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Homework Help: Acceleration Time Help

  1. Sep 27, 2015 #1
    1. The problem statement, all variables and given/known data
    A helicopter rises vertically with a constant upward acceleration of 0.34 m/s2 . As it passes an altitude of 20 m, a wrench slips out the door.

    2. Relevant equations
    How soon does the wrench hit the ground?
    At what speed does the wrench hit the ground?

    3. The attempt at a solution

    I have attempted to solve for the initial velocity of the wrench (3.6m/s), and from that I was able to solve for time using x=x(0) +V(0)t+1/2at^2
    From this I get that the time is then 2.4s.

    I am a bit confused tho, as first I know this is wrong. And second whether we are calculating the time of the item travelling up and then back to the ground again.

    For the second part of the question, I know I need to find the final velocity of the wrench on its way down
    for this i would use v2^2=v1^2+2AD
    So for this one I have been getting 19.8m/s. But again I am not sure if this is the correct answer.

    If someone can please lend a hand on this that would be perfect.

    Thanks in advance!
  2. jcsd
  3. Sep 27, 2015 #2
    Sorry the relevant equations would be in the third section of the post - sorry about that
  4. Sep 27, 2015 #3


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    Staff: Mentor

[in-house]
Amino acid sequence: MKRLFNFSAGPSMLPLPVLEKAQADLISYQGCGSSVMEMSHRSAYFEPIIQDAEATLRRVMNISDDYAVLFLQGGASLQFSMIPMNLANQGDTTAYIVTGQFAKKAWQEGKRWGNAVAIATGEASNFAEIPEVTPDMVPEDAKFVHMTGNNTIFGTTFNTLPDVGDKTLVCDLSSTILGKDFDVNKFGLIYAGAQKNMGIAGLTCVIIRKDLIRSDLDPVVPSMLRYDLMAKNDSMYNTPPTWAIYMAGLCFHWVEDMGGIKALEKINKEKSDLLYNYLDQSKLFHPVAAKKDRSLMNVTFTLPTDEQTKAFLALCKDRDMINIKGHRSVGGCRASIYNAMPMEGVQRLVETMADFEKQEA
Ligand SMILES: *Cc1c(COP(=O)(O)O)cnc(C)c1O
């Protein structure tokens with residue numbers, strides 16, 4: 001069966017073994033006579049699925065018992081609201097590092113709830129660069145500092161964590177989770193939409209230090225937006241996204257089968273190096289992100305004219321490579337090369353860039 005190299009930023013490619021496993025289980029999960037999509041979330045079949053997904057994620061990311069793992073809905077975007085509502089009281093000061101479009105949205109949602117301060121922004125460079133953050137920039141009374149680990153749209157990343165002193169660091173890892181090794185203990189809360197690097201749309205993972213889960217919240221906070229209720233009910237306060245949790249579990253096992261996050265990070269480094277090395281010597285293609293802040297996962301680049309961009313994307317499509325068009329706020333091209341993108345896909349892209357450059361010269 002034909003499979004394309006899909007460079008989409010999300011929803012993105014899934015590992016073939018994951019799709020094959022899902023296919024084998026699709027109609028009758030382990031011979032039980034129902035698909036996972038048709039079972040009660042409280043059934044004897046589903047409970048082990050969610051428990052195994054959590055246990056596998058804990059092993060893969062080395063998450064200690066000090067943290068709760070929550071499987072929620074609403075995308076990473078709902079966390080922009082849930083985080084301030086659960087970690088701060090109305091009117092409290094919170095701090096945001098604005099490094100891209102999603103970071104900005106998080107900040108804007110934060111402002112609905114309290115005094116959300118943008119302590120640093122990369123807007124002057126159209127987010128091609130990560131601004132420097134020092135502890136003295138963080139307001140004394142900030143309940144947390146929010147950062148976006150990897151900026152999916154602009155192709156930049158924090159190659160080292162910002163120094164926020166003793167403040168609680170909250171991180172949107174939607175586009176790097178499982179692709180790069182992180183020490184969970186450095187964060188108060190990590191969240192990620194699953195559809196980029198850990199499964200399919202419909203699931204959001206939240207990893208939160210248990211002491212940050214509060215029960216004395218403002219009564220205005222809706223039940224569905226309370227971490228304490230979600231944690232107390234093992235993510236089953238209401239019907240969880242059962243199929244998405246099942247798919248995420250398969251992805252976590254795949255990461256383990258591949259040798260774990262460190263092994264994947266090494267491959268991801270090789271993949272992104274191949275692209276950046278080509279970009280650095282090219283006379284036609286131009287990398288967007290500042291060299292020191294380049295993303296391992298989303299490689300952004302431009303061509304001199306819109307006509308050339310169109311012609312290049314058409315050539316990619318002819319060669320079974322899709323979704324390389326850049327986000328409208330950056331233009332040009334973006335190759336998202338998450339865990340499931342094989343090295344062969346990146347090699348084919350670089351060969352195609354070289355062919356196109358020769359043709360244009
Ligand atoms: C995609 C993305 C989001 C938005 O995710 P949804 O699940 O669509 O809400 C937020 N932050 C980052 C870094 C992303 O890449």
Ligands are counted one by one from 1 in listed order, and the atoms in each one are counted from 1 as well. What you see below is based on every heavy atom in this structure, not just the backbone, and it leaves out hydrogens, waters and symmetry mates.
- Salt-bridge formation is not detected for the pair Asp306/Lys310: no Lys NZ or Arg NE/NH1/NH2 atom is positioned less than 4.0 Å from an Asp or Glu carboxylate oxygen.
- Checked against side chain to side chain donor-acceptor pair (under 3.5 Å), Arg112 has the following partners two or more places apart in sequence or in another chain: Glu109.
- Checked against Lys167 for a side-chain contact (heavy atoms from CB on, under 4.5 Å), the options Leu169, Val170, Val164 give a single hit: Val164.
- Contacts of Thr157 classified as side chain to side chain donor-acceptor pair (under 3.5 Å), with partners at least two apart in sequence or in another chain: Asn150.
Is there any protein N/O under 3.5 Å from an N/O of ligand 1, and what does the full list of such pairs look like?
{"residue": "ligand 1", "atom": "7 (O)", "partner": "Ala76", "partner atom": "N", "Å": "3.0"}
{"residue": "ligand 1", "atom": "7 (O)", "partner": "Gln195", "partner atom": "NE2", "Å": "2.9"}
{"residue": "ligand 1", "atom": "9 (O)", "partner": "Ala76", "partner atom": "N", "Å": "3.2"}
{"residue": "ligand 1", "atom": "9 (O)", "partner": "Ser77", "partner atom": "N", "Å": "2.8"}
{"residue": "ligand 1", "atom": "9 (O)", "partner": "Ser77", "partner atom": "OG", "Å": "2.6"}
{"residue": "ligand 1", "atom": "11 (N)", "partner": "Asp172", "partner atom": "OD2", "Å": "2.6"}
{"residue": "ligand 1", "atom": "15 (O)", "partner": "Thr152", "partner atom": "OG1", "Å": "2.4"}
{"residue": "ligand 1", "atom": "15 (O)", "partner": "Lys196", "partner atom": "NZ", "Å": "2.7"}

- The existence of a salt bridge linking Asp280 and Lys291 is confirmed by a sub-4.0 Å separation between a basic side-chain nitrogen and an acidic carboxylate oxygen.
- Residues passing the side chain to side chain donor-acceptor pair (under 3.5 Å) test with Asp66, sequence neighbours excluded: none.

You should get in the habit of keeping a few more decimal places for values that you will be doing further calculations with. These so-called "guard digits" will help prevent rounding and truncation errors from creeping into the significant figures of future calculations.

    That said, your initial velocity and time look good.
    It's not clear to me what values you are using in your formula v2^2=v1^2+2AD, so it's hard to comment on your method. If you are using the right values you should get a correct result (your result is close to but not exactly what I would expect). However, you can use another kinematic formula to check your results: you know the initial velocity, the acceleration, and the time of flight, so what formula might you use?
  5. Sep 27, 2015 #4

    Mister T

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    Science Advisor
    Gold Member

    How do you know it's wrong?
    You're calculating the time it takes for the wrench to undergo a displacement of -20 m. Note that the distance the wrench travels is greater than 20 m because it travels up and then back down again. However, the distance isn't relevant. It's only the displacement that's relevant.

    I agree that you have to be more careful about round-off errors. Other than that you're doing well.
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